PREBIOTICS, PROBIOTICS AND CANCER CONFERENCE


Prebiotics, Probiotics and Cancer Conference is one of the leading research topics in the international research conference domain. Prebiotics, Probiotics and Cancer is a conference track under the Nutrition and Food Engineering Conference which aims to bring together leading academic scientists, researchers and research scholars to exchange and share their experiences and research results on all aspects of Nutrition and Food Engineering.

internationalscience.net provides a premier interdisciplinary platform for researchers, practitioners and educators to present and discuss the most recent innovations, trends, and concerns as well as practical challenges encountered and solutions adopted in the fields of (Nutrition and Food Engineering).

Prebiotics, Probiotics and Cancer is not just a call for academic papers on the topic; it can also include a conference, event, symposium, scientific meeting, academic, or workshop.

You are welcome to SUBMIT your research paper or manuscript to Prebiotics, Probiotics and Cancer Conference Track will be held at “Nutrition and Food Engineering Conference in Istanbul, Turkey in June 2020” - “Nutrition and Food Engineering Conference in Stockholm, Sweden in July 2020” - “Nutrition and Food Engineering Conference in Zürich, Switzerland in September 2020” - “Nutrition and Food Engineering Conference in New York, United States in November 2020” .

Prebiotics, Probiotics and Cancer is also a leading research topic on Google Scholar, Semantic Scholar, Zenedo, OpenAIRE, BASE, WorldCAT, Sherpa/RoMEO, Elsevier, Scopus, Web of Science.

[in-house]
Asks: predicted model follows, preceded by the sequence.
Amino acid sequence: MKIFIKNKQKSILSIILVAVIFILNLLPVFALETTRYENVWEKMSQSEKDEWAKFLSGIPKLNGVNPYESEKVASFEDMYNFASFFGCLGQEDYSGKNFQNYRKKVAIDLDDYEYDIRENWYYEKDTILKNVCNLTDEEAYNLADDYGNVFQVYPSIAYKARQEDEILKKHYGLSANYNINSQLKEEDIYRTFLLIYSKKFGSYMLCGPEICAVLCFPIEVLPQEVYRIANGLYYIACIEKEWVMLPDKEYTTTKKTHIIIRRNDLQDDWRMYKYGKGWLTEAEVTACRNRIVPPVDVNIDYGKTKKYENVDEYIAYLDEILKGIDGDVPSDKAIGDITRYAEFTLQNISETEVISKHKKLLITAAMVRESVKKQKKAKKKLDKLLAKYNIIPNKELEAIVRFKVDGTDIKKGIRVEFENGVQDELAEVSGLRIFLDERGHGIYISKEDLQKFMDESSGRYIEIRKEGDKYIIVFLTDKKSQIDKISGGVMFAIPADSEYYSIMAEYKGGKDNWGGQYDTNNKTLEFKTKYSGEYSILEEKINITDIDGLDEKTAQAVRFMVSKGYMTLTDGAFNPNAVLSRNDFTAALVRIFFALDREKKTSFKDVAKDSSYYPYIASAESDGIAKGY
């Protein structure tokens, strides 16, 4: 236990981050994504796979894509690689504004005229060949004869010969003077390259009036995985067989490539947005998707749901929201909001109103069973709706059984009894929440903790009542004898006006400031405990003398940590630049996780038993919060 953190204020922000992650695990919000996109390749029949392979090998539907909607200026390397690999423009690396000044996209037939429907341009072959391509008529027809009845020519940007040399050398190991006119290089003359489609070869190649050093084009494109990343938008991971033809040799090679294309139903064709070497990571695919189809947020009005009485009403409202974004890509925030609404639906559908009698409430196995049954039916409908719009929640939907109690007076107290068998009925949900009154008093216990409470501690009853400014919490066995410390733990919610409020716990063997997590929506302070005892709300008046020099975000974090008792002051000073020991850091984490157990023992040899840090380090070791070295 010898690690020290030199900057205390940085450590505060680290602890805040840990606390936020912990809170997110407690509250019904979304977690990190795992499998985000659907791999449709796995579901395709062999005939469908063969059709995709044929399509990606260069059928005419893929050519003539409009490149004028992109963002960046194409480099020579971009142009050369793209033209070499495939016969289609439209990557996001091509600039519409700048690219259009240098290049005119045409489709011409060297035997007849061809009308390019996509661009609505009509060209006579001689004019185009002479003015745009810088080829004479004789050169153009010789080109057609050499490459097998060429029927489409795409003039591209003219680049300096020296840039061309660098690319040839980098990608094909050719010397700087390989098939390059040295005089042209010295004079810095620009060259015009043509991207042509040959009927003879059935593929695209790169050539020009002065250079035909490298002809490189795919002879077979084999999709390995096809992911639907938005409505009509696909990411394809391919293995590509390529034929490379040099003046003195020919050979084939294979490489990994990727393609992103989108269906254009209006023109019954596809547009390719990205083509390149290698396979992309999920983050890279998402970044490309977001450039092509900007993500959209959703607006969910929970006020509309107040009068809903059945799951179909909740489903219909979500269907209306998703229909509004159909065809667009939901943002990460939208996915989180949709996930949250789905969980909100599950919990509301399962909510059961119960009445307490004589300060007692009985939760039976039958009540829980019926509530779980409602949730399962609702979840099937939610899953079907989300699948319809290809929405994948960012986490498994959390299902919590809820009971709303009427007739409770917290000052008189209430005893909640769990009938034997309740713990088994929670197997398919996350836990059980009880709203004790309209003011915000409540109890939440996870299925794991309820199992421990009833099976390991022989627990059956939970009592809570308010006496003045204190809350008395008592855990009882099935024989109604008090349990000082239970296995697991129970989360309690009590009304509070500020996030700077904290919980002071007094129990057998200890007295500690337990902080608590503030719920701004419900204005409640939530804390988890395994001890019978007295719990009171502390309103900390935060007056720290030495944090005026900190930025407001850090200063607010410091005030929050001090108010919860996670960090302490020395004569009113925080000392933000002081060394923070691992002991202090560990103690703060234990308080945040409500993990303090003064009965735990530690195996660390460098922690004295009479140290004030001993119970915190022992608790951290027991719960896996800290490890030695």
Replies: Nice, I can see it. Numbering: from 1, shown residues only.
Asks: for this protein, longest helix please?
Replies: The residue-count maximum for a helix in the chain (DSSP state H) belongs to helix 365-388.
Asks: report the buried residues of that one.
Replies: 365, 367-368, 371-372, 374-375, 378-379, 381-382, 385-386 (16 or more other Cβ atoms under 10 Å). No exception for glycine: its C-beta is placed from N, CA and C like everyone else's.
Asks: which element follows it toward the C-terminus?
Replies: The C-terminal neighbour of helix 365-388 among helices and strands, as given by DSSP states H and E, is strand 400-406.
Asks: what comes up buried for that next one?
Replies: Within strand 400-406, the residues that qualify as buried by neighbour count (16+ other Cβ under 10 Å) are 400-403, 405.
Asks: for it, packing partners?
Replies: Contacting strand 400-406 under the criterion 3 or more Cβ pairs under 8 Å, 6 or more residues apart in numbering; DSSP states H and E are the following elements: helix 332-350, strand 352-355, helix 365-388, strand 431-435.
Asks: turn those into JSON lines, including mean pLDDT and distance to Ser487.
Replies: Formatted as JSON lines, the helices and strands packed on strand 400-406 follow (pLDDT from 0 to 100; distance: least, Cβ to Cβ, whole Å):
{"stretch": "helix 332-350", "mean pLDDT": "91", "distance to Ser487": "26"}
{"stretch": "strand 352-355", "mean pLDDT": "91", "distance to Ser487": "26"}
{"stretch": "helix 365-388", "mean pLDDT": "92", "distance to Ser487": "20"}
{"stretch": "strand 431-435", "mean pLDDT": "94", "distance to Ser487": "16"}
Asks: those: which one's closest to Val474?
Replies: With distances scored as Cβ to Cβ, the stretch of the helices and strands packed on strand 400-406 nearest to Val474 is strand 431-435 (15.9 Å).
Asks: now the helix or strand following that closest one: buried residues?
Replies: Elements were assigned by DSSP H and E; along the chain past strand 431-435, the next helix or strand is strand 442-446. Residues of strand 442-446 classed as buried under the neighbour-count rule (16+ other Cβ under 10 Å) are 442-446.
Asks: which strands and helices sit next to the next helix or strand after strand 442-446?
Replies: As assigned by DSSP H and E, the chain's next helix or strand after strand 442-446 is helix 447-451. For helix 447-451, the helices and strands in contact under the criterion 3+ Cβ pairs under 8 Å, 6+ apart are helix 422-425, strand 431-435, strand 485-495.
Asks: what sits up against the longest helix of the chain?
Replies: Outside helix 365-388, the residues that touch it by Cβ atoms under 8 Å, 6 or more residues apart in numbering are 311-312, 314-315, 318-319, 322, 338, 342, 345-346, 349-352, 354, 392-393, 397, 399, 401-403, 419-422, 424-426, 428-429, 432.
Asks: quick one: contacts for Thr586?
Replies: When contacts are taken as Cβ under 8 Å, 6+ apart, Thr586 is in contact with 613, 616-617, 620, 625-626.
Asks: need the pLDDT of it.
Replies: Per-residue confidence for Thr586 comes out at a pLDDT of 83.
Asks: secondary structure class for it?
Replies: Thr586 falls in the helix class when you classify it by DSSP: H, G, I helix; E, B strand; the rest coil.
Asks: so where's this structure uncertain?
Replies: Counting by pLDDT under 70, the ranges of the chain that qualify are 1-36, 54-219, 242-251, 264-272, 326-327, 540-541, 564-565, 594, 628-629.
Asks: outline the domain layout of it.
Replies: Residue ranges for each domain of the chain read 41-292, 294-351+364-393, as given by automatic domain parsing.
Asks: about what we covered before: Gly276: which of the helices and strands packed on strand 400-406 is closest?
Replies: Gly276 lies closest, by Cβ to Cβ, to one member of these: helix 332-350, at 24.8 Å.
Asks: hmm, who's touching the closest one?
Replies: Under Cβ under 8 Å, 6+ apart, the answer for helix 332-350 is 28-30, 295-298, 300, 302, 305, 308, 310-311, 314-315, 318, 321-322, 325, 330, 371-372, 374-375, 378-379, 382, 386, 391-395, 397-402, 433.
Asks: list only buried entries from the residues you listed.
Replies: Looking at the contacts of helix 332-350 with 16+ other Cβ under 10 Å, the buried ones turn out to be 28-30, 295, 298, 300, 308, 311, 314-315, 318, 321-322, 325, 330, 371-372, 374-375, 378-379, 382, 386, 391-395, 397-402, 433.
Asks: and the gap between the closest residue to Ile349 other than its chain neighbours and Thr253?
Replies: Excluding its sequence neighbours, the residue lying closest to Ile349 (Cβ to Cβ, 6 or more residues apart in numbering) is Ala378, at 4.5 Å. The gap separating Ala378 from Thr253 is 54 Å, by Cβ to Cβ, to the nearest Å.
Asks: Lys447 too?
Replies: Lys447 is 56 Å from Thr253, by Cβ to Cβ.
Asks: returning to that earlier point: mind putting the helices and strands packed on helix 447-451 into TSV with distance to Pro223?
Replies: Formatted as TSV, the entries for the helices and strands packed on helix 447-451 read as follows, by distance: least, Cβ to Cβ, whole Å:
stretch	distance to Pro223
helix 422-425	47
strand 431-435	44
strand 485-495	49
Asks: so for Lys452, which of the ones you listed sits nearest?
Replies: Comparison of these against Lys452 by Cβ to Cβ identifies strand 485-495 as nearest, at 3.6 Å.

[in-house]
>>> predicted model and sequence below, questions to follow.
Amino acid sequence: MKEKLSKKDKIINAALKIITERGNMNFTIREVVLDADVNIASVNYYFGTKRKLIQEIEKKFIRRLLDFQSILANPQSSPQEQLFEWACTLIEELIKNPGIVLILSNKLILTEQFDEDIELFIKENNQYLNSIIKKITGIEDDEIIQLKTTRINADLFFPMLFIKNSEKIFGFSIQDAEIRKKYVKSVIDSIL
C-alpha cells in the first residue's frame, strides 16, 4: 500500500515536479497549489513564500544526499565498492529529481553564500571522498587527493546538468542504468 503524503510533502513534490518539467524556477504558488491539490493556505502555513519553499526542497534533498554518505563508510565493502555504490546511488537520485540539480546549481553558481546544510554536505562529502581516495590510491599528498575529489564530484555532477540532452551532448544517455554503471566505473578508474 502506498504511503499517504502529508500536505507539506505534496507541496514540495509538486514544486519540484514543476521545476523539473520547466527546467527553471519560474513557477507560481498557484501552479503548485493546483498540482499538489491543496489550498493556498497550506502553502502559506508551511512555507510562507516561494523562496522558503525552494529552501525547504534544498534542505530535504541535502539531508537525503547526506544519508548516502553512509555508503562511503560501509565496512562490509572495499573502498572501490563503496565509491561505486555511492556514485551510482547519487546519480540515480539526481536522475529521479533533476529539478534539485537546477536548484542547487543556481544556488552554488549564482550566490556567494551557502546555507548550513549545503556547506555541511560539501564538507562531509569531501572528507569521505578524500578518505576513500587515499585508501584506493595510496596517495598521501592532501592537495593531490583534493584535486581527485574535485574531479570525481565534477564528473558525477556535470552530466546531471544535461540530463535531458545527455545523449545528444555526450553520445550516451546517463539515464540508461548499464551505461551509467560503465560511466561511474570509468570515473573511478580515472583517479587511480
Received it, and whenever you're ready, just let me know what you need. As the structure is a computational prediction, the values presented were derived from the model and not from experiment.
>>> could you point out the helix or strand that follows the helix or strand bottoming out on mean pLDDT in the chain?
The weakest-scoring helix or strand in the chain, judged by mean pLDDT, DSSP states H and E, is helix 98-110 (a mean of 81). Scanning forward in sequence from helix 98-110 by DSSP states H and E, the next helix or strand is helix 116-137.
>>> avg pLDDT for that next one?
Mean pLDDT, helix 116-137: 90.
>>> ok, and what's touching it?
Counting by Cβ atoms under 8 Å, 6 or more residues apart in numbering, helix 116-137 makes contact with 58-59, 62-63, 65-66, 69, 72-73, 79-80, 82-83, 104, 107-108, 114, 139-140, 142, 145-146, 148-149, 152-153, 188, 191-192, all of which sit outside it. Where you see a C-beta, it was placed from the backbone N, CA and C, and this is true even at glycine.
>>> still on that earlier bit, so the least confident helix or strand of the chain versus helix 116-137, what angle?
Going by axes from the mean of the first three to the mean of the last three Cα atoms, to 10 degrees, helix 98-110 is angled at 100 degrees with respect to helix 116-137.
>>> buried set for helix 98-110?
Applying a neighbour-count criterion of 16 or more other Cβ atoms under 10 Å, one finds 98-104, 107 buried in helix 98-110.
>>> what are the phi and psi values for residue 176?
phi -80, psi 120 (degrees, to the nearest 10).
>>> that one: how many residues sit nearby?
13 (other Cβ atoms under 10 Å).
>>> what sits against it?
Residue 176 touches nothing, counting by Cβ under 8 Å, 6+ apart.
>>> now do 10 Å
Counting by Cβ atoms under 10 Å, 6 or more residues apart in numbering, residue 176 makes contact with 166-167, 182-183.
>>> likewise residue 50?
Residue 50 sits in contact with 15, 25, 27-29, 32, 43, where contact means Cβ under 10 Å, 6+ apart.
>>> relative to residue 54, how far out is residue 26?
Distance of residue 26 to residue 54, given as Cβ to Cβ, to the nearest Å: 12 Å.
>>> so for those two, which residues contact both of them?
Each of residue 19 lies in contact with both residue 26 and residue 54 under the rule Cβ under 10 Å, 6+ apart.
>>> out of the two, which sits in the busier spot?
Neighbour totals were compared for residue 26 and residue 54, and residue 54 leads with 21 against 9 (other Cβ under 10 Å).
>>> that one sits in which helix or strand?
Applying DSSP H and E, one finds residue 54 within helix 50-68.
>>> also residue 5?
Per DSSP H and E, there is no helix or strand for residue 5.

. INTERNATIONAL NUTRITION AND FOOD ENGINEERING CONFERENCE

JUNE 25 - 26, 2020
ISTANBUL, TURKEY

  • Abstracts/Full-Text Paper Submission Deadline March 14, 2019
  • Notification of Acceptance/Rejection Deadline March 28, 2019
  • Final Paper and Early Bird Registration Deadline May 26, 2020
  • CONFERENCE CODE: 20NFE06TR
  • One Time Submission Deadline Reminder

. INTERNATIONAL NUTRITION AND FOOD ENGINEERING CONFERENCE

JULY 14 - 15, 2020
STOCKHOLM, SWEDEN

  • Abstracts/Full-Text Paper Submission Deadline March 14, 2019
  • Notification of Acceptance/Rejection Deadline March 28, 2019
  • Final Paper and Early Bird Registration Deadline June 11, 2020
  • CONFERENCE CODE: 20NFE07SE
  • One Time Submission Deadline Reminder

. INTERNATIONAL NUTRITION AND FOOD ENGINEERING CONFERENCE

SEPTEMBER 16 - 17, 2020
ZÜRICH, SWITZERLAND

  • Abstracts/Full-Text Paper Submission Deadline March 14, 2019
  • Notification of Acceptance/Rejection Deadline March 28, 2019
  • Final Paper and Early Bird Registration Deadline August 13, 2020
  • CONFERENCE CODE: 20NFE09CH
  • One Time Submission Deadline Reminder

. INTERNATIONAL NUTRITION AND FOOD ENGINEERING CONFERENCE

NOVEMBER 05 - 06, 2020
NEW YORK, UNITED STATES

  • Abstracts/Full-Text Paper Submission Deadline March 14, 2019
  • Notification of Acceptance/Rejection Deadline March 28, 2019
  • Final Paper and Early Bird Registration Deadline October 05, 2020
  • CONFERENCE CODE: 20NFE11US
  • One Time Submission Deadline Reminder
FINISHED

. INTERNATIONAL NUTRITION AND FOOD ENGINEERING CONFERENCE

NOVEMBER 21 - 22, 2019
PARIS, FRANCE

  • CONFERENCE CODE: 19NFE11FR